If true dry eye is suspected then problems such as rheumatoid arthritis will be checked for. Eyestrain may exacerbate the discomfort, so it’s well worth seeing your optician for an up to date pair of glasses.

In true dry eye the treatment consists of substitute tears (drops or cream) and methods to keep the normal tears on the eye as long as possible. Putting plugs into the drainage channels of the lids is an effective method of keeping tears in the eye. Goggles can reduce the evaporation of tears from the surface of the eye.   This combination, whilst not perfect, does help true dry eye considerably.

Treating people with poor quality tears can be more difficult. None of the artificial tears available are as good as the real thing. It’s a matter of finding the drop or cream that suits a particular person most. The biggest mistake most people make is not using the drops/cream enough. Some people need to use them six times a day or more. It may vary from day to day as well.

It’s worth remembering that the lubricants are not actually a drug and there is no risk of becoming dependant on them. It’s important to appreciate that it’s unlikely that the lubricants will completely eradicate the discomfort; the aim is to make it more tolerable. It’s also important to remember that, whilst a nuisance, this problem will not damage your vision.

Where there is inflammation associated with dry eyes, there are a number of other treatments that can be used in conjunction with lubricants. One of the simplest is called lid hygiene. Here the aim is to reduce the by-products of the friendly bacteria causing the inflammation. Half a teaspoon of bicarbonate of soda into half a pint of warm water is an effective cleansing solution. Clean the eyelid margins with cotton wool soaked in the solution, like a woman taking off make-up. Some people do this every day, others find twice a week is enough.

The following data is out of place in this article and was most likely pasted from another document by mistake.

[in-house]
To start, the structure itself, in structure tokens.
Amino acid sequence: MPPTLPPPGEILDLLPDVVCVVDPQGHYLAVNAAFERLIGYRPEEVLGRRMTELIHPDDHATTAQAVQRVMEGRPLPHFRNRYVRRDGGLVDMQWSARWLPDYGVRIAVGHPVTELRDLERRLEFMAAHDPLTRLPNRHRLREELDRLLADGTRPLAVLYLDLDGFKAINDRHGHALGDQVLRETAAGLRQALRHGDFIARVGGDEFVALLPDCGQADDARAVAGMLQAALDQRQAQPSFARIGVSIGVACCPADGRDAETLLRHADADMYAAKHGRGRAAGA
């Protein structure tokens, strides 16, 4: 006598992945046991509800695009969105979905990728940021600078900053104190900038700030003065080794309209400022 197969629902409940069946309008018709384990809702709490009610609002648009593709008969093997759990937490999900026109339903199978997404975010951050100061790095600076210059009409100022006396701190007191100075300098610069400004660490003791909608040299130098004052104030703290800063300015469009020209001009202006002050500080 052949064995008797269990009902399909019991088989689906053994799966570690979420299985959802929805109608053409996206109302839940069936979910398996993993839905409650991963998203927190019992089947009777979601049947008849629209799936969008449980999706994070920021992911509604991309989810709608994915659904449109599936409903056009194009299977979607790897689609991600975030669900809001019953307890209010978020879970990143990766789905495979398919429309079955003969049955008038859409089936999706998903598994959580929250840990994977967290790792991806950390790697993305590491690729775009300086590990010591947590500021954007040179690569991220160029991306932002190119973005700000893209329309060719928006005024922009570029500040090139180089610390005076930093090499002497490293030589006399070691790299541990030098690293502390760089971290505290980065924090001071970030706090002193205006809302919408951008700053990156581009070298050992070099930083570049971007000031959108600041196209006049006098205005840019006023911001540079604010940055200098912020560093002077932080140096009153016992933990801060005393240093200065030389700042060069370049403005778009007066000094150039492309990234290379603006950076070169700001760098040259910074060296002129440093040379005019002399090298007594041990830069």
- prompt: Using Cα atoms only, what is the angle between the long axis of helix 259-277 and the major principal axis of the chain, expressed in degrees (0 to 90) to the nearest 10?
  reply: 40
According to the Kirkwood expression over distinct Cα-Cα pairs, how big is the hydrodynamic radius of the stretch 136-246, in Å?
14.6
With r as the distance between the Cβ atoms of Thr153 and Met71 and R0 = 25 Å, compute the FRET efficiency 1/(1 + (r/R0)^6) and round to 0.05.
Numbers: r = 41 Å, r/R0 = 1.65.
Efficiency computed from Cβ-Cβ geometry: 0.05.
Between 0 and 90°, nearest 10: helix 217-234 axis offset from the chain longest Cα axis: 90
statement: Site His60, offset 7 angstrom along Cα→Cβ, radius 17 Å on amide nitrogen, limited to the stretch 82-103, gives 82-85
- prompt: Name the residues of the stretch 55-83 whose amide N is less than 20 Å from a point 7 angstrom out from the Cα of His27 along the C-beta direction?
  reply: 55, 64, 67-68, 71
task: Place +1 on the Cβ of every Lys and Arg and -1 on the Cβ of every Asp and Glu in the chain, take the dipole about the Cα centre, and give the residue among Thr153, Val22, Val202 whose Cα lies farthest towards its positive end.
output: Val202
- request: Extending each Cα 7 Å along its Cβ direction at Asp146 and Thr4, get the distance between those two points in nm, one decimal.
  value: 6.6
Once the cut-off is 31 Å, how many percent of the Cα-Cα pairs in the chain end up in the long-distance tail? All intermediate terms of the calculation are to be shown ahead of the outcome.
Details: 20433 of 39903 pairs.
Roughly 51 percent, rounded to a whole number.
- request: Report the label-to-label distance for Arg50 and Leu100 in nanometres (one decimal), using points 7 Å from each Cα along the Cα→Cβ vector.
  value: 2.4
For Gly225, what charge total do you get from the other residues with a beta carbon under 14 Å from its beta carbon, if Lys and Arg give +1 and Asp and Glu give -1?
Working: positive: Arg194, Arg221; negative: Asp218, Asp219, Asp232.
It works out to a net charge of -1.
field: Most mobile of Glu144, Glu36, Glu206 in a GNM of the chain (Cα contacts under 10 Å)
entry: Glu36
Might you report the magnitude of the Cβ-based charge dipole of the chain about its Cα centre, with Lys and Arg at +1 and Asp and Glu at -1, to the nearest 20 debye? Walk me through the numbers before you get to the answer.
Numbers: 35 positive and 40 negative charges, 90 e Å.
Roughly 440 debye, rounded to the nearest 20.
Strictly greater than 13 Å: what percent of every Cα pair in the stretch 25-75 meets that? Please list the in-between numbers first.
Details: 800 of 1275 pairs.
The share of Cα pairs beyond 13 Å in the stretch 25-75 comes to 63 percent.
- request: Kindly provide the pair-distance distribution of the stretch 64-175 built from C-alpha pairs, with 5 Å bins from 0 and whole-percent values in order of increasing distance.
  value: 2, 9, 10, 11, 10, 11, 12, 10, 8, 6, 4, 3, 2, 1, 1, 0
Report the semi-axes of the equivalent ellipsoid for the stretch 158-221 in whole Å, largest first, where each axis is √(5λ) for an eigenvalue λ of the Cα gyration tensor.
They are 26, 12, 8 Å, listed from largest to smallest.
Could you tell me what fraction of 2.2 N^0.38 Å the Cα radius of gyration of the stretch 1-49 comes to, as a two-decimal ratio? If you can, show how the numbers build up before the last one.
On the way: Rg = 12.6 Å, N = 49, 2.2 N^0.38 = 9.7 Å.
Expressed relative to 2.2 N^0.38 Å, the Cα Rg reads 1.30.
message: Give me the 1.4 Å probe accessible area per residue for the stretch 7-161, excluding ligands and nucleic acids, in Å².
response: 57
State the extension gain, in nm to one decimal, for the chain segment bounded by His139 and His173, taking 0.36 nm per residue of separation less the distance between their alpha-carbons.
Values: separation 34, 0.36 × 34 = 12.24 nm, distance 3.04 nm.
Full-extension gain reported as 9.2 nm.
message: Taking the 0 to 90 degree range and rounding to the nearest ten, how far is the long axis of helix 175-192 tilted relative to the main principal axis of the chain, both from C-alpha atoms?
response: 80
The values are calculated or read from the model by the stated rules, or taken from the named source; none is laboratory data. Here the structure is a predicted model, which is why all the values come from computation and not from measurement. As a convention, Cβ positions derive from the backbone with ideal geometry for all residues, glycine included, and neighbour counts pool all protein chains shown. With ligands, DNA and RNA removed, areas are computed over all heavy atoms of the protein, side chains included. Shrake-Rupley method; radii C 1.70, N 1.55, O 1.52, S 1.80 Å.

For more serious cases a short course of antibiotic cream may help, but prolonged use rarely does and can make things worse if the lids react to the antibiotic. Antibiotic tablets or syrup can be very helpful where there is associated blepharitis (lid inflammation). The most common is doxycyclin, or erythromycin in children. They are thought to work not by killing the friendly bacteria but altering their metabolism so they do not produce the irritant by-products. These do have to be used for prolonged periods to be effective.

It has been shown that regular use of omega 3 supplements can reduce eyelid inflammation and alleviate the discomfort.

For severe cases there are other options as well. A course of steroid drops can settle down a severe inflammation. Long term use of steroids is best avoided as the drops themselves can have serious side effect. Cyclosporine A is a very powerful anti-inflammatory which has been shown to be helpful. It has less damaging side effects than steroids and may be better for long term use. Its main drawback is that it stings. Unfortunately it is not readily available in the UK. Using the patients own blood serum as drops has also been beneficial in some cases. As in most conditions, it’s sensible to start with the simple options first and work up to the more complicated treatments if and when required.

Useful link: www.dryeyezone.com